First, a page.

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Jeff Arnal / Dietrich Eichmann: live at the Phenomorphonic Festival

Kritiken

Ben and Hans of Graveyards/Melee/Traum et al have as fine a set of ears as anyone who has ever claimed improvised jazz as their area of expertise and the various non in-house projects that they choose to champion and release via Brokenresearch betray the kind of sophisticated feel for improvised sound as reified thought that many a 'fan' of jazz and associated modern, high energy forms could learn a thing or two from regarding the many subtle - and not so subtle - ways to extract a fucking tooth. This latest deluxe limited edition LP on their own label (run of only 200 copies in pro-printed sleeves) is another beautiful object lesson in just how well-listened and non-cliched their appreciation continues to be. Eichmann is a German pianist, composer, conceptualist, interpreter of modernists like Nono and Feldman and student of Alex Von Schlippenbach. Over the years he has produced a bunch of large scale ballets and performance pieces, most notably the Prayer To The Unknown Gods Of The People Without Rights, scored for ensemble and improvising soloist and first performed by Peter Brotzmann and the Wuppertal Chamber Orchestra. During the past five years or so he has reconnected with the stream of modern improvisatory modes, often in the company of American percussionist Jeff Arnal. This new recording, Live At The Phenomorphonic Festival sees the duo knee-deep in pedalling power stomps, obsessing over a mere clutch of notes that they work to emphasise in splintered, obsessive rhythms. The effect is closer to the work of Charlemagne Palestine than Cecil Taylor, although there's little of Palestine's continual expansion of ideas or lightness of touch; instead each note feels like its being hammered to the floor and the persistence with which they're sounded again and again is almost autistic. Arnal falls in behind Eichmann with pounding single shots and scattered tonal sunbursts that briefly illuminate the hulking dungeons of tone that Eichmann thuds from the instrument. Indeed, there's very little of the sound of the piano's keys, with Eichmann spending most of his time wading through the guts of the piano with heavy boots and sandpaper. This is the most impressive and conceptually far-reaching sounding of post-Cecil piano I've heard in the past whenever; a major statement from a profoundly singular stylist. So sign me up.

volcanic tongue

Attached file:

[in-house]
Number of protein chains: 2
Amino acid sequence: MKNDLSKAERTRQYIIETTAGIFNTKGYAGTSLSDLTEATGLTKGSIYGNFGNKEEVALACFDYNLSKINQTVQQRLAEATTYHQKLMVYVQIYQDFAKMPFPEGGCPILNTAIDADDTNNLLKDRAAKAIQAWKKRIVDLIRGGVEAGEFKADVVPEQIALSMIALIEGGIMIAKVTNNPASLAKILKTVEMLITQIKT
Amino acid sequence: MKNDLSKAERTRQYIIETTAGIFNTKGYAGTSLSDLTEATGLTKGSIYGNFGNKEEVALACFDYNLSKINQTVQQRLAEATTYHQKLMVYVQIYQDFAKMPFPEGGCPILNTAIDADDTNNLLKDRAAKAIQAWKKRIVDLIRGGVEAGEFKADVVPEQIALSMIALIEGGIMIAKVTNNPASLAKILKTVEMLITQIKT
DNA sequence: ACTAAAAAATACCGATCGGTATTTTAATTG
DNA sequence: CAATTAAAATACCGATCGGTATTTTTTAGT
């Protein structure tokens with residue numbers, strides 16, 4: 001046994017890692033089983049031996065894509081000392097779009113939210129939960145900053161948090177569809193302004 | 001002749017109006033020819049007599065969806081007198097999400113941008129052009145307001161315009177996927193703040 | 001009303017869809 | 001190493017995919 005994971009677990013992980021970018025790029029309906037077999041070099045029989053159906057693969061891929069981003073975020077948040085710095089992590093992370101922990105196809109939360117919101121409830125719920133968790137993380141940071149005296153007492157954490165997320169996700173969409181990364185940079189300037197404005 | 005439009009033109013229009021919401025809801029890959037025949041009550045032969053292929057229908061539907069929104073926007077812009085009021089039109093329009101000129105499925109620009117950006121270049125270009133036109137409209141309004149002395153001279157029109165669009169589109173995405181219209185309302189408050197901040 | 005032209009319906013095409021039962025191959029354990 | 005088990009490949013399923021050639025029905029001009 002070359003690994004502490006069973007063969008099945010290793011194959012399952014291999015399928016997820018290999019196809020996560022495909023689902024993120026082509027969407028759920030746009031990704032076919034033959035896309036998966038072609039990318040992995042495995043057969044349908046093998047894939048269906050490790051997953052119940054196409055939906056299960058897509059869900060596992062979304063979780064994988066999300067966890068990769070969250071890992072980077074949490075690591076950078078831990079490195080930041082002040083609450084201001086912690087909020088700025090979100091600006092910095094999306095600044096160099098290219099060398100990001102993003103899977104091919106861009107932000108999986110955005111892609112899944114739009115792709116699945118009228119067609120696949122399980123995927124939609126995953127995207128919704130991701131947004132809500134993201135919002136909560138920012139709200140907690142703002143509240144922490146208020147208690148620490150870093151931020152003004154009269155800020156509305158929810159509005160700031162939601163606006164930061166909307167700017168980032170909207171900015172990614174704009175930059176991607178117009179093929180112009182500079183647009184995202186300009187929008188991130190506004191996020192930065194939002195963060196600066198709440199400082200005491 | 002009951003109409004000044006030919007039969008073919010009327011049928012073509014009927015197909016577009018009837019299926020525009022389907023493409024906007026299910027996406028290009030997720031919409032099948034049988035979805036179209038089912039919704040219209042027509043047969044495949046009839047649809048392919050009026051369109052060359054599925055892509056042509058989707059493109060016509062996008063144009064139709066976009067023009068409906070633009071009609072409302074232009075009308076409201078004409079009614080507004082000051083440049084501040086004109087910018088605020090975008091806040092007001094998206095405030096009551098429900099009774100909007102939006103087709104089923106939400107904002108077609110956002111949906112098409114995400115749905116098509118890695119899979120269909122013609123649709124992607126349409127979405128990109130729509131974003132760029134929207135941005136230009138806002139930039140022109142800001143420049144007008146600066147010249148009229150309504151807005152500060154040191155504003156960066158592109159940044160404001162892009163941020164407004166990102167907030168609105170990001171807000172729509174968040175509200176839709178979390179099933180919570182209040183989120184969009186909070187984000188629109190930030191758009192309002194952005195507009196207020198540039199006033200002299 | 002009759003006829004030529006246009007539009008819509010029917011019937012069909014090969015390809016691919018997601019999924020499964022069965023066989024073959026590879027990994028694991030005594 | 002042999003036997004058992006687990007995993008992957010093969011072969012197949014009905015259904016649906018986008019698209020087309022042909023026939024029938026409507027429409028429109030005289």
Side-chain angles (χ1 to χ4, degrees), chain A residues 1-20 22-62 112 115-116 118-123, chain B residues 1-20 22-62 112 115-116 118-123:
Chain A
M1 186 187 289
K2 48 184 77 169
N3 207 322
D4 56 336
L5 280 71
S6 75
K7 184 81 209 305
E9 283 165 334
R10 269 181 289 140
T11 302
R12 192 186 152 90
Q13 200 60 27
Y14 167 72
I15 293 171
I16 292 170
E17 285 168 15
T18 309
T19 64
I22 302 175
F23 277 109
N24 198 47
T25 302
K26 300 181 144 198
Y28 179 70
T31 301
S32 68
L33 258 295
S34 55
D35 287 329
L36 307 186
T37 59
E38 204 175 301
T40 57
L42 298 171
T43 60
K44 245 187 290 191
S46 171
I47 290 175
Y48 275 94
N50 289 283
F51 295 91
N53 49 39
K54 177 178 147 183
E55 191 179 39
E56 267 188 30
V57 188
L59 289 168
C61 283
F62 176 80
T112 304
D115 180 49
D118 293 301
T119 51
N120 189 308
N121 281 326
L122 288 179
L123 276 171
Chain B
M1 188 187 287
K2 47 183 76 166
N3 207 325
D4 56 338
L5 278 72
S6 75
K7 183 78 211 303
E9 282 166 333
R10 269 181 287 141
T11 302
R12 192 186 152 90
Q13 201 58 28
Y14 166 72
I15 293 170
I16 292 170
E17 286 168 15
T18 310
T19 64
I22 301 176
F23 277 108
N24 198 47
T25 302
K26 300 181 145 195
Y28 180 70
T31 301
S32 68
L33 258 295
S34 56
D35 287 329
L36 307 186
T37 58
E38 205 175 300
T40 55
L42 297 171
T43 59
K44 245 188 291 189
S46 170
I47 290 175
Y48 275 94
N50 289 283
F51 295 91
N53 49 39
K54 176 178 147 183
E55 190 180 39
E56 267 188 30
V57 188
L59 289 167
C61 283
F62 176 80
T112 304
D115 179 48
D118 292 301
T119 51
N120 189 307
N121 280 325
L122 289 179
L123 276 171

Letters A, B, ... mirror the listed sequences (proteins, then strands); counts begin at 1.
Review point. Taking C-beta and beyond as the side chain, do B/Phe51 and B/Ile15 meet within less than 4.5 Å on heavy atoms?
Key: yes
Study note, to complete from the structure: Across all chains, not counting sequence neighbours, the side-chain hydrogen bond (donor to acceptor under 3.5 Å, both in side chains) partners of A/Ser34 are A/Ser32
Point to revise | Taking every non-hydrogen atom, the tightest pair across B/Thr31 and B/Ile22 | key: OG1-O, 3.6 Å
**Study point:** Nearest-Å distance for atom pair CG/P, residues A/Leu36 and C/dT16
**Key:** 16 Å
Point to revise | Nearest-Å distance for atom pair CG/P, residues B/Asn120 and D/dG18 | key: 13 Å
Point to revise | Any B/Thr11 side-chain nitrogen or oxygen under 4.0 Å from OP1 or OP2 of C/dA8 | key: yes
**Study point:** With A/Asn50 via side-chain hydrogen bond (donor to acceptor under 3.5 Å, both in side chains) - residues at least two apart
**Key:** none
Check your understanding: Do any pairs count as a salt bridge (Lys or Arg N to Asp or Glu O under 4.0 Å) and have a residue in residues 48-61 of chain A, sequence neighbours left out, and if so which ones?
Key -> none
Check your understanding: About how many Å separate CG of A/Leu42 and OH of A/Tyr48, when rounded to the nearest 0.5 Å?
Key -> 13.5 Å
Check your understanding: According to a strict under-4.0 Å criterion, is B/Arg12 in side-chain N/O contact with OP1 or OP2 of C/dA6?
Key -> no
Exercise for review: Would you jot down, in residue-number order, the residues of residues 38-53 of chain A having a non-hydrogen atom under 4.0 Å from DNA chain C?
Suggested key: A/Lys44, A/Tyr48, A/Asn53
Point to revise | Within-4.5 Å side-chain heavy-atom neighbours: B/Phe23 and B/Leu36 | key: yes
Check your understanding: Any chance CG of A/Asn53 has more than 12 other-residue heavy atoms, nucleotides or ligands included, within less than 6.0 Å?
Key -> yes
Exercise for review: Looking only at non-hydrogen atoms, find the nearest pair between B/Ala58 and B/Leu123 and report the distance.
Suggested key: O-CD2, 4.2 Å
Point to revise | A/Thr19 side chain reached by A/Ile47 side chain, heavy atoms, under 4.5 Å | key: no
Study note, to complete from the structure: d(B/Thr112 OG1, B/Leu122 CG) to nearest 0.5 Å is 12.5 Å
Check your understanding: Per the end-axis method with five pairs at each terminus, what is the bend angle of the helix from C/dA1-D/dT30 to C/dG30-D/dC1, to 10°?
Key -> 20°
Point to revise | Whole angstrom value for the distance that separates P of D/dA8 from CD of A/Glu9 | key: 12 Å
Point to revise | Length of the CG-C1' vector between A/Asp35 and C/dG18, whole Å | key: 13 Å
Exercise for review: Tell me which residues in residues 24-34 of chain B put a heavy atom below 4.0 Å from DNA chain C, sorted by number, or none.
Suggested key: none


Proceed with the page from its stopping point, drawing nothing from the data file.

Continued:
Graveyards swung through town on Friday which meant lots and lots of bills were exchanged for records, and one I selected was this highly recommended document of two individuals I'd never even heard of just a day prior. Graveyards cellist Hans Buetow gave a quick rundown and an effusive on-the-spot review of it, which made it all sound really good but I had to remind myself that it was put out on Hans' label, after all. But regardless, I'd heard other good things and had enough other stuff with the Graveyards brand on it in my mitts already, so I figured why the f not. That night I got home and left it out intending to spin it on my way to sleep, but alas I actually wound up falling asleep before I could put it on. So when I awoke to go to the bathroom at noon Saturday (early to bed, early to rise!), I did put it on before I went back to sleep and just from the first half of the first side that I managed to catch, I was head over heels. Later that day I went back and played it all, then I played it again, and again, and again, until I decided I'd bump everything else in the review schedule (it exists, really!) down one to slot in this magnificent slab. At first I thought I was way behind, what with the date on the back of the sleeve reading 2006 and all, but I got on this here internet and discovered it just hit in April, apparently. Well, whatever. Still doesn't really excuse me from knowing nothing about these two gents as they did put out a CD on Leo in 2004 called "The Temperature Dropped Again" which I spoze I coulda heard about if I had my ear more to the floor, but you can't catch em all and my name ain't Ash. Turns out Jeff Arnal is a Brooklyn-based percussionist with names like Charles Gayle, John Hughes, Gordon Beeferman, Donald Miller, Ryan Smith, Nate Wooley, Michael Evans and way more than I care to name, while Dietrich Eichmann is a pianist who studied with Alexander von Schlippenbach before turning to free jazz, only to then focus on composition for the next twelve years. He's recently returned to the improvised jazz limelight with, among others, the Dietrich Eichmann Ensemble and the Straight Trio with Lars Scherzberg and Astrid Weins. And now that we know the roots, we can get to know the fruits.